For a tiny island in the pacific ocean, Norfolk Island packs a lot in. Fascinating history, unique wildlife, stunning scenery and friendly locals mean this petite paradise could be your next favourite destination. 

History of the Island

At just 34.6 km2 and a two hour flight off the east coast of Brisbane, it’s can be considered fairly impressive that Norfolk Island was ever found. 

Originally settled by East Polynesian seafarers in around the thirteenth or fourteenth century this tiny land mass is located 1,412 km directly east from Australia’s Evans Head.

Norfolk Pines at the Beach
Pines along the Norfolk coast - Photo credit Tourism Australia

The island was un-inhabited for several hundred years until Captain James Cook was credited with ‘re-discovering’ it.

This break allowed the evergreen pines that cover the island to re-grow and cause Cook to describe it as a ‘paradise’ – a term that he didn't use liberally - in his journals.

With similar roots as Fremantle, Norfolk Island was used by it’s European settlers a penal colony from March 1788 to May 1855. The island paradise was seen as an ideal prison for convicts.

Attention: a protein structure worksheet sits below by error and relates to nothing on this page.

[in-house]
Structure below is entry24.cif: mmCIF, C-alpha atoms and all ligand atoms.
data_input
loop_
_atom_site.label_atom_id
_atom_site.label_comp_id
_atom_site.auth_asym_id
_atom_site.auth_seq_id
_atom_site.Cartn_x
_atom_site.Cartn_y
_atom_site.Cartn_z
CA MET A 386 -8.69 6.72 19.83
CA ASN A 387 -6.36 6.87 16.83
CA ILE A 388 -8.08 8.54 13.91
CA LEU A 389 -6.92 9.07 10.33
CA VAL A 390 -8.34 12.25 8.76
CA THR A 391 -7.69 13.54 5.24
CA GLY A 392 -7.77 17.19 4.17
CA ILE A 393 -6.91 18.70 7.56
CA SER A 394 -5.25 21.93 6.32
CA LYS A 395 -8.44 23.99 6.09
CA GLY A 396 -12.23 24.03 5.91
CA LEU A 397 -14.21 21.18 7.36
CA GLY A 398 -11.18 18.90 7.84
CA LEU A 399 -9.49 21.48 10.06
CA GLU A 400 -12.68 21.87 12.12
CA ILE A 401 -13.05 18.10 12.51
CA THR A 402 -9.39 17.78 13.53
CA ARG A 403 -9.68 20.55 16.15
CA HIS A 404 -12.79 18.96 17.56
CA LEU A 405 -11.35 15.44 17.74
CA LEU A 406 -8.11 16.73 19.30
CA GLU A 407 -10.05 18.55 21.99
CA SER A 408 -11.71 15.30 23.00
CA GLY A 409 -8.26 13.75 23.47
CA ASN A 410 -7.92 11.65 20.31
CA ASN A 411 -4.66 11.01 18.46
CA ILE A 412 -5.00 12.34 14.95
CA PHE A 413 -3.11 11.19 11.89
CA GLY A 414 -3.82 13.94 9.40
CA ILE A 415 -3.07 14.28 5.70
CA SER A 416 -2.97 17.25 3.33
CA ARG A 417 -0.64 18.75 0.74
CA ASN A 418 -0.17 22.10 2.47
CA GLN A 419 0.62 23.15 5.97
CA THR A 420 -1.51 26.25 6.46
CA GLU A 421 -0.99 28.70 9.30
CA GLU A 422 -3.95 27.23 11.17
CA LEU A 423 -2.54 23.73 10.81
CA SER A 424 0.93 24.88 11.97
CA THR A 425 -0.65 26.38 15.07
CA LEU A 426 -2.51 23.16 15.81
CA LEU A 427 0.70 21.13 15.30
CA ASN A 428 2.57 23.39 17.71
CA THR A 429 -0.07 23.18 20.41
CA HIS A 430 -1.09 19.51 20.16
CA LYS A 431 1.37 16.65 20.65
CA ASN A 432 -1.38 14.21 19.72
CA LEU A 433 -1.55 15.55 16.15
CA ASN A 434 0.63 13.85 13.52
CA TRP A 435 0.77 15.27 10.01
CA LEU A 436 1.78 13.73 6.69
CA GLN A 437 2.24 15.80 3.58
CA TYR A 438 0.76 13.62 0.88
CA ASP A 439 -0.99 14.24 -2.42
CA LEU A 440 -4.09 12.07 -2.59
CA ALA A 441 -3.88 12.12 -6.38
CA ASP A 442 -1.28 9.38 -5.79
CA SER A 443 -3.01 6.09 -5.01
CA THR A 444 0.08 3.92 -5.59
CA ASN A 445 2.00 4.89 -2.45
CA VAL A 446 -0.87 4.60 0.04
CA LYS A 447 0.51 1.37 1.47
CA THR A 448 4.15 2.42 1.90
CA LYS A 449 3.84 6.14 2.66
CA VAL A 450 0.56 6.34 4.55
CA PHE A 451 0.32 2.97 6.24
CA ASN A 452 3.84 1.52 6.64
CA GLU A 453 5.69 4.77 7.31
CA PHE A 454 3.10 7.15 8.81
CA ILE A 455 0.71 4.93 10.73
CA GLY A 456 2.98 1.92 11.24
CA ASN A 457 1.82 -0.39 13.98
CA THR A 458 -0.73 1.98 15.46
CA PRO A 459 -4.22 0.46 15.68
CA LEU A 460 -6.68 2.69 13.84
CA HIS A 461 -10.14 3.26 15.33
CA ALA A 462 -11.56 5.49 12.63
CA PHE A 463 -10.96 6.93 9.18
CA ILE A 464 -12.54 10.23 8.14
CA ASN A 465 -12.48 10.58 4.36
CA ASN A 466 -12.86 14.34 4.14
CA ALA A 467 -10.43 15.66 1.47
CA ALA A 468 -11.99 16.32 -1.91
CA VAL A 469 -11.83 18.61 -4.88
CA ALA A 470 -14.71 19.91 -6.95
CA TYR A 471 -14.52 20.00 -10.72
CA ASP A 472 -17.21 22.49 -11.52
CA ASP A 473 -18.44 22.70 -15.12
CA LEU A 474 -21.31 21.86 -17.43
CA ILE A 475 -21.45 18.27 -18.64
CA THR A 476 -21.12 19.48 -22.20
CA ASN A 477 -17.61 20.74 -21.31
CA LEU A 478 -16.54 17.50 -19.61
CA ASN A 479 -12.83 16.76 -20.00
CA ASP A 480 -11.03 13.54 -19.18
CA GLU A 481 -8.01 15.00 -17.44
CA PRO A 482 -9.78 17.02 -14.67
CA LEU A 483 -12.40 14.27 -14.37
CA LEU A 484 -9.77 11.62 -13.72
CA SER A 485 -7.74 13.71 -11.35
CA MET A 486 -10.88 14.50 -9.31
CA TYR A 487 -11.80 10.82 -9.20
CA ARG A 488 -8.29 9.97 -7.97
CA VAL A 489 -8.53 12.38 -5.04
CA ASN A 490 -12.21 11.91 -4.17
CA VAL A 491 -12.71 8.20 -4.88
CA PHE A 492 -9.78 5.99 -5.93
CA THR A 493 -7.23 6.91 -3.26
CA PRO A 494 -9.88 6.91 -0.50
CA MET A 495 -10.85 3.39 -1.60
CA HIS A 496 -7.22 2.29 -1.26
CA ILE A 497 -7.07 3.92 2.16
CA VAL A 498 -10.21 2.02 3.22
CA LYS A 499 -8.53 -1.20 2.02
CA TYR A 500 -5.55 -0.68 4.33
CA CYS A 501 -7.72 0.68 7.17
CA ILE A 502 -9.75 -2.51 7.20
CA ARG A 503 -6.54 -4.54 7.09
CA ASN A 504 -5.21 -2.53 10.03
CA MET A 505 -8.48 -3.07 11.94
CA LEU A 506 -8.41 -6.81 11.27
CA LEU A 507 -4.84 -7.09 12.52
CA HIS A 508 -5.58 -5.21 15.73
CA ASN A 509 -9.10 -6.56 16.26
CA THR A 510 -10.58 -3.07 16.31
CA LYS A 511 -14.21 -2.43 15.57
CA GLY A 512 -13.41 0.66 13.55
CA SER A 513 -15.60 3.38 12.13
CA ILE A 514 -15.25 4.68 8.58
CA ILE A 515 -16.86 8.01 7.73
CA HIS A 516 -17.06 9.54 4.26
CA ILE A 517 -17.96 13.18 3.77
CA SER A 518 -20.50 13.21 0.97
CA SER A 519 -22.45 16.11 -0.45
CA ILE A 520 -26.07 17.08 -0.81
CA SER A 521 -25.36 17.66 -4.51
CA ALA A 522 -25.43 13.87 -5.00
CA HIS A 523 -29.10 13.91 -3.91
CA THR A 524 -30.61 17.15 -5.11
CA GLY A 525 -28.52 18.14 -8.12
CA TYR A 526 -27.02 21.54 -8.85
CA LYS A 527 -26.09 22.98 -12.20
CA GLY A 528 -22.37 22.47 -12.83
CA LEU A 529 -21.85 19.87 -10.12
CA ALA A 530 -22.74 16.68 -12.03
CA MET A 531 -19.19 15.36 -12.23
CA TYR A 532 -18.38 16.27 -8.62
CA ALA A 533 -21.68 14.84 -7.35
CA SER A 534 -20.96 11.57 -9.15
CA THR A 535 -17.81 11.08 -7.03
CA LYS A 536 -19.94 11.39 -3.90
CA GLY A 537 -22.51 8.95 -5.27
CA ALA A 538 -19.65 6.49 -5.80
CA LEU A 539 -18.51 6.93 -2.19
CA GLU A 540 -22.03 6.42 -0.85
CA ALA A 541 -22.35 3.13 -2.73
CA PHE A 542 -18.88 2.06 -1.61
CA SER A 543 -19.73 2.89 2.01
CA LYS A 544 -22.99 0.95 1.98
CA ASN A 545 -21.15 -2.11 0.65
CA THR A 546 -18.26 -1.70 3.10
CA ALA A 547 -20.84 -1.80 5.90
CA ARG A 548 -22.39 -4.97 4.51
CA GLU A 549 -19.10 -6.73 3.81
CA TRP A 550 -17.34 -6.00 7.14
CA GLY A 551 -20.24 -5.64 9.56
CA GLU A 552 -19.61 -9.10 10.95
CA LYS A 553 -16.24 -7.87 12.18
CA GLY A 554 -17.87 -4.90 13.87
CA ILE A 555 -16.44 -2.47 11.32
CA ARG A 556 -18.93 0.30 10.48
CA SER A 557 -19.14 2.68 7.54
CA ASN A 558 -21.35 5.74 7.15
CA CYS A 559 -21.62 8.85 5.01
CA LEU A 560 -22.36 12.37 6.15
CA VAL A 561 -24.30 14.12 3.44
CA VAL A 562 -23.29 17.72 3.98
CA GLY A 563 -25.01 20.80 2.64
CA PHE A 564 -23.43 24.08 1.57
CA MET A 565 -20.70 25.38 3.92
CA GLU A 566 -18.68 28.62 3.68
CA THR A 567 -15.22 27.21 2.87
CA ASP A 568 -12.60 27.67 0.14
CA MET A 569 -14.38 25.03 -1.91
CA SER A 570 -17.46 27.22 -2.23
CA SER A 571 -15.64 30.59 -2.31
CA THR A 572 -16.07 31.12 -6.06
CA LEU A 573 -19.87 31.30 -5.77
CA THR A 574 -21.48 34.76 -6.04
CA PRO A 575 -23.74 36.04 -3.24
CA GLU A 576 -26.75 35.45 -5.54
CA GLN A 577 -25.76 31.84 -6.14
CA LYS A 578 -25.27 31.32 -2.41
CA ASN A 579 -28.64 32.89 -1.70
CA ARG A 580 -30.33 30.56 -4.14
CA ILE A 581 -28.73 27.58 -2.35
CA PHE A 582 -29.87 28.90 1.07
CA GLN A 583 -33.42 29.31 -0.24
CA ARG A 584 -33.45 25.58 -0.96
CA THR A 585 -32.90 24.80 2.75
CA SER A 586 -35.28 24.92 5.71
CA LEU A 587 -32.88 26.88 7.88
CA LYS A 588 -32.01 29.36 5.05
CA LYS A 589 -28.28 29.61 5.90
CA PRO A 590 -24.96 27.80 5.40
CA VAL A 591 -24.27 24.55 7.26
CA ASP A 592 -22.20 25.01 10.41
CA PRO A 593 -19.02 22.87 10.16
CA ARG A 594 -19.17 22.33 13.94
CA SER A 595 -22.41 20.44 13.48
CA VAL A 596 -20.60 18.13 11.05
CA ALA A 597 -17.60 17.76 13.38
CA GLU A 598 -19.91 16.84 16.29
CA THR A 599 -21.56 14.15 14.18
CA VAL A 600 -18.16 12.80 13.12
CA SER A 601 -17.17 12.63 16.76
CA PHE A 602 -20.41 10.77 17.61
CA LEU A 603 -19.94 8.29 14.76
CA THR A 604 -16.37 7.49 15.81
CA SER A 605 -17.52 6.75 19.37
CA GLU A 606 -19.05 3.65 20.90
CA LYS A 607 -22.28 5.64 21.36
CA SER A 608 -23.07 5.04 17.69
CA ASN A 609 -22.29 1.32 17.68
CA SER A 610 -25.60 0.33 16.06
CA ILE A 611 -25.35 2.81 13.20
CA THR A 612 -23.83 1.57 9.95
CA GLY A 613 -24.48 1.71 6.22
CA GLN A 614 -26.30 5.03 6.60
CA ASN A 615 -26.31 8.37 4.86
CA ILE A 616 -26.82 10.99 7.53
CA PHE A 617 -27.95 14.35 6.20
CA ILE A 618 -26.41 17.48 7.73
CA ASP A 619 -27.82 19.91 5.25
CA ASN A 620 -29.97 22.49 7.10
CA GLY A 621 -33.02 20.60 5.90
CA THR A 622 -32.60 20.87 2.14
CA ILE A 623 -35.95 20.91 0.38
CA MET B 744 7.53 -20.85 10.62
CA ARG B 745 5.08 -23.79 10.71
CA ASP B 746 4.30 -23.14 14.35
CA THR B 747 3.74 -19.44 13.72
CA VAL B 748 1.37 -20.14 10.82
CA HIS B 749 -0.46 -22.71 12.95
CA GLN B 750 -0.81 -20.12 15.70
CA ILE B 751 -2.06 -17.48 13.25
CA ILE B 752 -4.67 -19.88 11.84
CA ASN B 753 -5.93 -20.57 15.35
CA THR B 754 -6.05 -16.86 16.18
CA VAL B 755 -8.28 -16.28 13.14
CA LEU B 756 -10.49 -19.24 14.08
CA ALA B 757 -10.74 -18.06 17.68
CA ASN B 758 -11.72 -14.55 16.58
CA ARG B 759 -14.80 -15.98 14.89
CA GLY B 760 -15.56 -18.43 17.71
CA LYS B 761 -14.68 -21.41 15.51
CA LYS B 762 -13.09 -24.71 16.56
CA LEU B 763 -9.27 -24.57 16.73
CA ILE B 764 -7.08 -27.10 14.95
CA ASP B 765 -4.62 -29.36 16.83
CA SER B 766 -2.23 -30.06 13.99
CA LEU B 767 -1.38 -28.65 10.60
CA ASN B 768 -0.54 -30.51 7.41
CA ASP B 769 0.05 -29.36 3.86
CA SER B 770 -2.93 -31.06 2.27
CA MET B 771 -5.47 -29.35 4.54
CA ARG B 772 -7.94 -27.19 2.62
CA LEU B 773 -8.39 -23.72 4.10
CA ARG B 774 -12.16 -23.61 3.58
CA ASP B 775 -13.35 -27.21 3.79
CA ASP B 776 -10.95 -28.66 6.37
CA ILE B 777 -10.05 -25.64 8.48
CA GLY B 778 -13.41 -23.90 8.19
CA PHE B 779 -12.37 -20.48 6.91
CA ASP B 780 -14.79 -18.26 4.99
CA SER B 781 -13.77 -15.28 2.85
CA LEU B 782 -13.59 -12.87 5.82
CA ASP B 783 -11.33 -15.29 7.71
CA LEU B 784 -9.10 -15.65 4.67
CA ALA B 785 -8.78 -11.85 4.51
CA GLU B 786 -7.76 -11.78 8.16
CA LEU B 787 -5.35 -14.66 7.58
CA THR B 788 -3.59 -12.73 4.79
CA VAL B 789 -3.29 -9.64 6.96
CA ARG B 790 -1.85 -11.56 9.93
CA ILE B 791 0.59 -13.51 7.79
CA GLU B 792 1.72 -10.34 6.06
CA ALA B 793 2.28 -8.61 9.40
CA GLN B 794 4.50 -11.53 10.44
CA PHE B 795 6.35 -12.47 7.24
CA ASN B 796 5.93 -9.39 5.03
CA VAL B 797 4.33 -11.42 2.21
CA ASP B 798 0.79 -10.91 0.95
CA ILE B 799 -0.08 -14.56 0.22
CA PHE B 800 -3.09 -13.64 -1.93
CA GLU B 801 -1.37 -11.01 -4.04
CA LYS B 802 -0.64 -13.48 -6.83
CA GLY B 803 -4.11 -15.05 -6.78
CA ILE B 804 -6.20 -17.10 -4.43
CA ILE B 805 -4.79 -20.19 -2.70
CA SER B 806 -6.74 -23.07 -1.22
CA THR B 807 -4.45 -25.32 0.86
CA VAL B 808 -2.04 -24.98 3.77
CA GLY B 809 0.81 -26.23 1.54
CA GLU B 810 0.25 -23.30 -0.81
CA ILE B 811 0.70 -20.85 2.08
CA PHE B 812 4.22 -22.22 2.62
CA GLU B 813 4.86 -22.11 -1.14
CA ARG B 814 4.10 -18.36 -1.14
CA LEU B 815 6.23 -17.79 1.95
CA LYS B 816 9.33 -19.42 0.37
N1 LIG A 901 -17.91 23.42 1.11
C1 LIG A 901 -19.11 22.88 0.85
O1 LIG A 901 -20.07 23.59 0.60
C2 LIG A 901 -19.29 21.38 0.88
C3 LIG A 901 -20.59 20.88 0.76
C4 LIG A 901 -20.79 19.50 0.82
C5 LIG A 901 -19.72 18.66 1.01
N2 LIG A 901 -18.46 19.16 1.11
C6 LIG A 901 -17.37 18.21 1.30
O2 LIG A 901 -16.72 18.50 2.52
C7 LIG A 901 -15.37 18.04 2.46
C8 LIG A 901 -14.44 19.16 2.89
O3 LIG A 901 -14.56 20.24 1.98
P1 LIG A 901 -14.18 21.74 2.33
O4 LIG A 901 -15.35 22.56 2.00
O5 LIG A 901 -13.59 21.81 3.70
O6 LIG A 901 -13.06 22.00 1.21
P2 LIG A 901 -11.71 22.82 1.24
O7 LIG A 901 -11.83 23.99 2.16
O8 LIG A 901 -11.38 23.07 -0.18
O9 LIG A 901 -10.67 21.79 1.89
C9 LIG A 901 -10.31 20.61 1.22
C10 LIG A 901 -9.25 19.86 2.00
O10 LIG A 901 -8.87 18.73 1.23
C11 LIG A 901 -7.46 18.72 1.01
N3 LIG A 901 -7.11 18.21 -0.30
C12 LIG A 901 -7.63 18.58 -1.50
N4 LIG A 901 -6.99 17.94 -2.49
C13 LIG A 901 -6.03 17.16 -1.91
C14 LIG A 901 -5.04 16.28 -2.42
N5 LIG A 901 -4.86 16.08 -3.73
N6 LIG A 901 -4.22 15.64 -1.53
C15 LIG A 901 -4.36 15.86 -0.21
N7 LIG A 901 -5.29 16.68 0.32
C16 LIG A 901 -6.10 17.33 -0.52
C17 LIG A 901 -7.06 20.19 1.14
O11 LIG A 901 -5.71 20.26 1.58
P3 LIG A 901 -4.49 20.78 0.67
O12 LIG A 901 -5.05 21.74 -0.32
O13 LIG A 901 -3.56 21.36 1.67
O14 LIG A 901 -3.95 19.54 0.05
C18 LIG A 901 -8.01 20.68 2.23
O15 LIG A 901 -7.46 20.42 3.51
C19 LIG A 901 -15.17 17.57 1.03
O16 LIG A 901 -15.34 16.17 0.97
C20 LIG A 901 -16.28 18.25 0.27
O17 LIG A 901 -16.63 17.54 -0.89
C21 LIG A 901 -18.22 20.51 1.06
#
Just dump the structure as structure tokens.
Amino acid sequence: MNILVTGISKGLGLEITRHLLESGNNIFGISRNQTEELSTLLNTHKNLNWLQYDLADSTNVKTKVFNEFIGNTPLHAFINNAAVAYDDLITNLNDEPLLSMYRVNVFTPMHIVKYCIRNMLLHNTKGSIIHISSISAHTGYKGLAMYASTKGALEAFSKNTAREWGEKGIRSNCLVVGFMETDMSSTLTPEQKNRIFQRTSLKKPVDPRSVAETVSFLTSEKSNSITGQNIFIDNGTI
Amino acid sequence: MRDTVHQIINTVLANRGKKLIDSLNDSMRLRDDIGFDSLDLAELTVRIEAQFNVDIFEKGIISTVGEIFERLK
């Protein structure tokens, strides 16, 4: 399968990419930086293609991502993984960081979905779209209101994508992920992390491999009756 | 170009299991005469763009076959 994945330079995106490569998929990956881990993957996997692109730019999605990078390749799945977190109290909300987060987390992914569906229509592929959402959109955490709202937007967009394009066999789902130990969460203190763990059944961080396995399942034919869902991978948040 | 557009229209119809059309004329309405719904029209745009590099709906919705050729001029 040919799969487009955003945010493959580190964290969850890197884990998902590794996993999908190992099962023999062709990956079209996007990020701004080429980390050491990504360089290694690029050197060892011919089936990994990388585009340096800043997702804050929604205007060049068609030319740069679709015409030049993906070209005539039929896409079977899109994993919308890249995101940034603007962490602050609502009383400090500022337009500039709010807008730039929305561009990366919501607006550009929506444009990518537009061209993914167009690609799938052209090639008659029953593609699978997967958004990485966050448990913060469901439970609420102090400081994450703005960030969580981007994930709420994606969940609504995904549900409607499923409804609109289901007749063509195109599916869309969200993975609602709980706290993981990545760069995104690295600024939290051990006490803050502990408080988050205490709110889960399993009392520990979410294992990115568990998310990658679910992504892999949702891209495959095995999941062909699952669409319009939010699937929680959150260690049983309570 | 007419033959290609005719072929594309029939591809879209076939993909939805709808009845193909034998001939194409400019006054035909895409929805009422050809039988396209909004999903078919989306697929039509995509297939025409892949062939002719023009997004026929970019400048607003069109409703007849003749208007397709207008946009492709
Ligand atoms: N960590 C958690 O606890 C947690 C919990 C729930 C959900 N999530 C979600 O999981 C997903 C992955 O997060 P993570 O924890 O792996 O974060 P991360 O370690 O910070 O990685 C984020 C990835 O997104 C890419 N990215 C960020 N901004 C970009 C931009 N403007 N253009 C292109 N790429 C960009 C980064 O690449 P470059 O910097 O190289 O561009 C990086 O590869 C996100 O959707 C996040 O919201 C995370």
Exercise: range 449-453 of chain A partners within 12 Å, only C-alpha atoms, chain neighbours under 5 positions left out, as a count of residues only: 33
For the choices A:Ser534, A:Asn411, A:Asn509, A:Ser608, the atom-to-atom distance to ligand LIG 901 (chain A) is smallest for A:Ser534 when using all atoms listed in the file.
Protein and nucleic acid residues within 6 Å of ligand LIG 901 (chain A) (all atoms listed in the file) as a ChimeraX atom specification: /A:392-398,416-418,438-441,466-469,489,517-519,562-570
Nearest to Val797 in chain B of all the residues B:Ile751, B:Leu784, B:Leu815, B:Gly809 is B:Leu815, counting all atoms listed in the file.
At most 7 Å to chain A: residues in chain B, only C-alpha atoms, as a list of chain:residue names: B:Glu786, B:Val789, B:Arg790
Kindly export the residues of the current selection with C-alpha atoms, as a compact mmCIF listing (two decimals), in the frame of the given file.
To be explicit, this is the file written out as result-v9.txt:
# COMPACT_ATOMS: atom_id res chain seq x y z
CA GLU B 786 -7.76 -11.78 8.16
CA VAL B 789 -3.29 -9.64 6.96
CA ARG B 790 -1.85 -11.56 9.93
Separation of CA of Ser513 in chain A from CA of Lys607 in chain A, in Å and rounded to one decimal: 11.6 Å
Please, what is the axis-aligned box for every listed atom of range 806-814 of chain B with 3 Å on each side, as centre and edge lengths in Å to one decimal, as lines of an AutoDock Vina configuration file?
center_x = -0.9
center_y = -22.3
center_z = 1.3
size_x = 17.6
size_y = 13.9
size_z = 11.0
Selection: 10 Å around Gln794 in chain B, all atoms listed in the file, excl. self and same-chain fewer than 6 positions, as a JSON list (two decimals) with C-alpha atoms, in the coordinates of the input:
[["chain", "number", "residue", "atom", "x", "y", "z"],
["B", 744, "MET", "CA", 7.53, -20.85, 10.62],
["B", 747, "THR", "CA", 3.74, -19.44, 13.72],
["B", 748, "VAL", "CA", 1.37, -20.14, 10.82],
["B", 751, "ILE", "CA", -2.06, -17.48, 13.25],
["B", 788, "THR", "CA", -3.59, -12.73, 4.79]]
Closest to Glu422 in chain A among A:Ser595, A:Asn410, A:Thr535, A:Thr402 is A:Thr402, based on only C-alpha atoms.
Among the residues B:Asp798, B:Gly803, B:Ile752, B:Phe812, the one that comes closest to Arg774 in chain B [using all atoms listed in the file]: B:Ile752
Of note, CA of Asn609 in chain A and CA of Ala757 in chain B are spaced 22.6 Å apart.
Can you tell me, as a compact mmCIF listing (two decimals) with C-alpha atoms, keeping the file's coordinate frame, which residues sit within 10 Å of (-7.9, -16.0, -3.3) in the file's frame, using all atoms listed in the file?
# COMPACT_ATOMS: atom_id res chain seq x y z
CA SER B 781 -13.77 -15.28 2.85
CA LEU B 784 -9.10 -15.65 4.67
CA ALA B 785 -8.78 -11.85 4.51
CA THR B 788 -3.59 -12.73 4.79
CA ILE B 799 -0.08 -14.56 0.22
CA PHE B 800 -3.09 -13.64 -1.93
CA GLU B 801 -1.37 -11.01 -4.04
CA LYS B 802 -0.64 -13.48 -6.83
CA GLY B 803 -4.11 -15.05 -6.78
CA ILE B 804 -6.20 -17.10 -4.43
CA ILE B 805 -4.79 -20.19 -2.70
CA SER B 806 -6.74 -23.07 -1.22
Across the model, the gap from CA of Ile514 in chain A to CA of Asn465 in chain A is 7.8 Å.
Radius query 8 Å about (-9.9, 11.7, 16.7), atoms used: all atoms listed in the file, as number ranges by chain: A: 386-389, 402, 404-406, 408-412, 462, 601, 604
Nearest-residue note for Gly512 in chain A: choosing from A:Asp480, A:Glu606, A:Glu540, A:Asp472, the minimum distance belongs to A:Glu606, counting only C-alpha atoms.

In June 1856, the penal colony having been closed, settlers from the Pitcairn Islands moved into Norfolk to begin the first permanent civilian residence. Pitcairn housed a mixture of Tahitians and mutineers from the HMS Bounty who had begun to outgrow their original island home.

They moved to Norfolk for the space it offered, moving into the former penal colony buildings and re-starting the traditional farming and whaling industries.

Today, it is home to the descendants of the Bounty Mutineers whose barefoot manners, warmth and hospitality have been woven into the island’s unique and timeless rhythm.

Flora and fauna

Beyond it’s interesting history, Norfolk boasts unique flora. The majestic Norfolk Island pine is world famous and is displayed proudly on it’s flag.

The Flora of Norfolk
Trees in the Norfolk Island National Park - Photo credit Tourism Australia

The island is also home to around sixty other plant species found nowhere else on the planet, including the world’s tallest tree fern.

The Moreton Bay figtrees are believed to be over 200 years old and make a stunning photo opportunity.

Moreton Bay Figs
A couple poses by the huge Moreton Bay Figs - Photo credit Tourism Australia

Norfolk's fauna however is not to be undone, if you’re lucky you may get to see the Green Parrot, found only on Norfolk Island and brought back from extinction due to sheer determination and clever conservation by residents.

The wide range of bird life around the island will have twitchers polishing their binoculars with five birds that cannot be seen anywhere else in Australia.

A visit to Norfolk Island is great for nature and history lovers a like, or if you’d just like to relax and enjoy a few days on ‘Island time'. 

Norfolk Island Getaway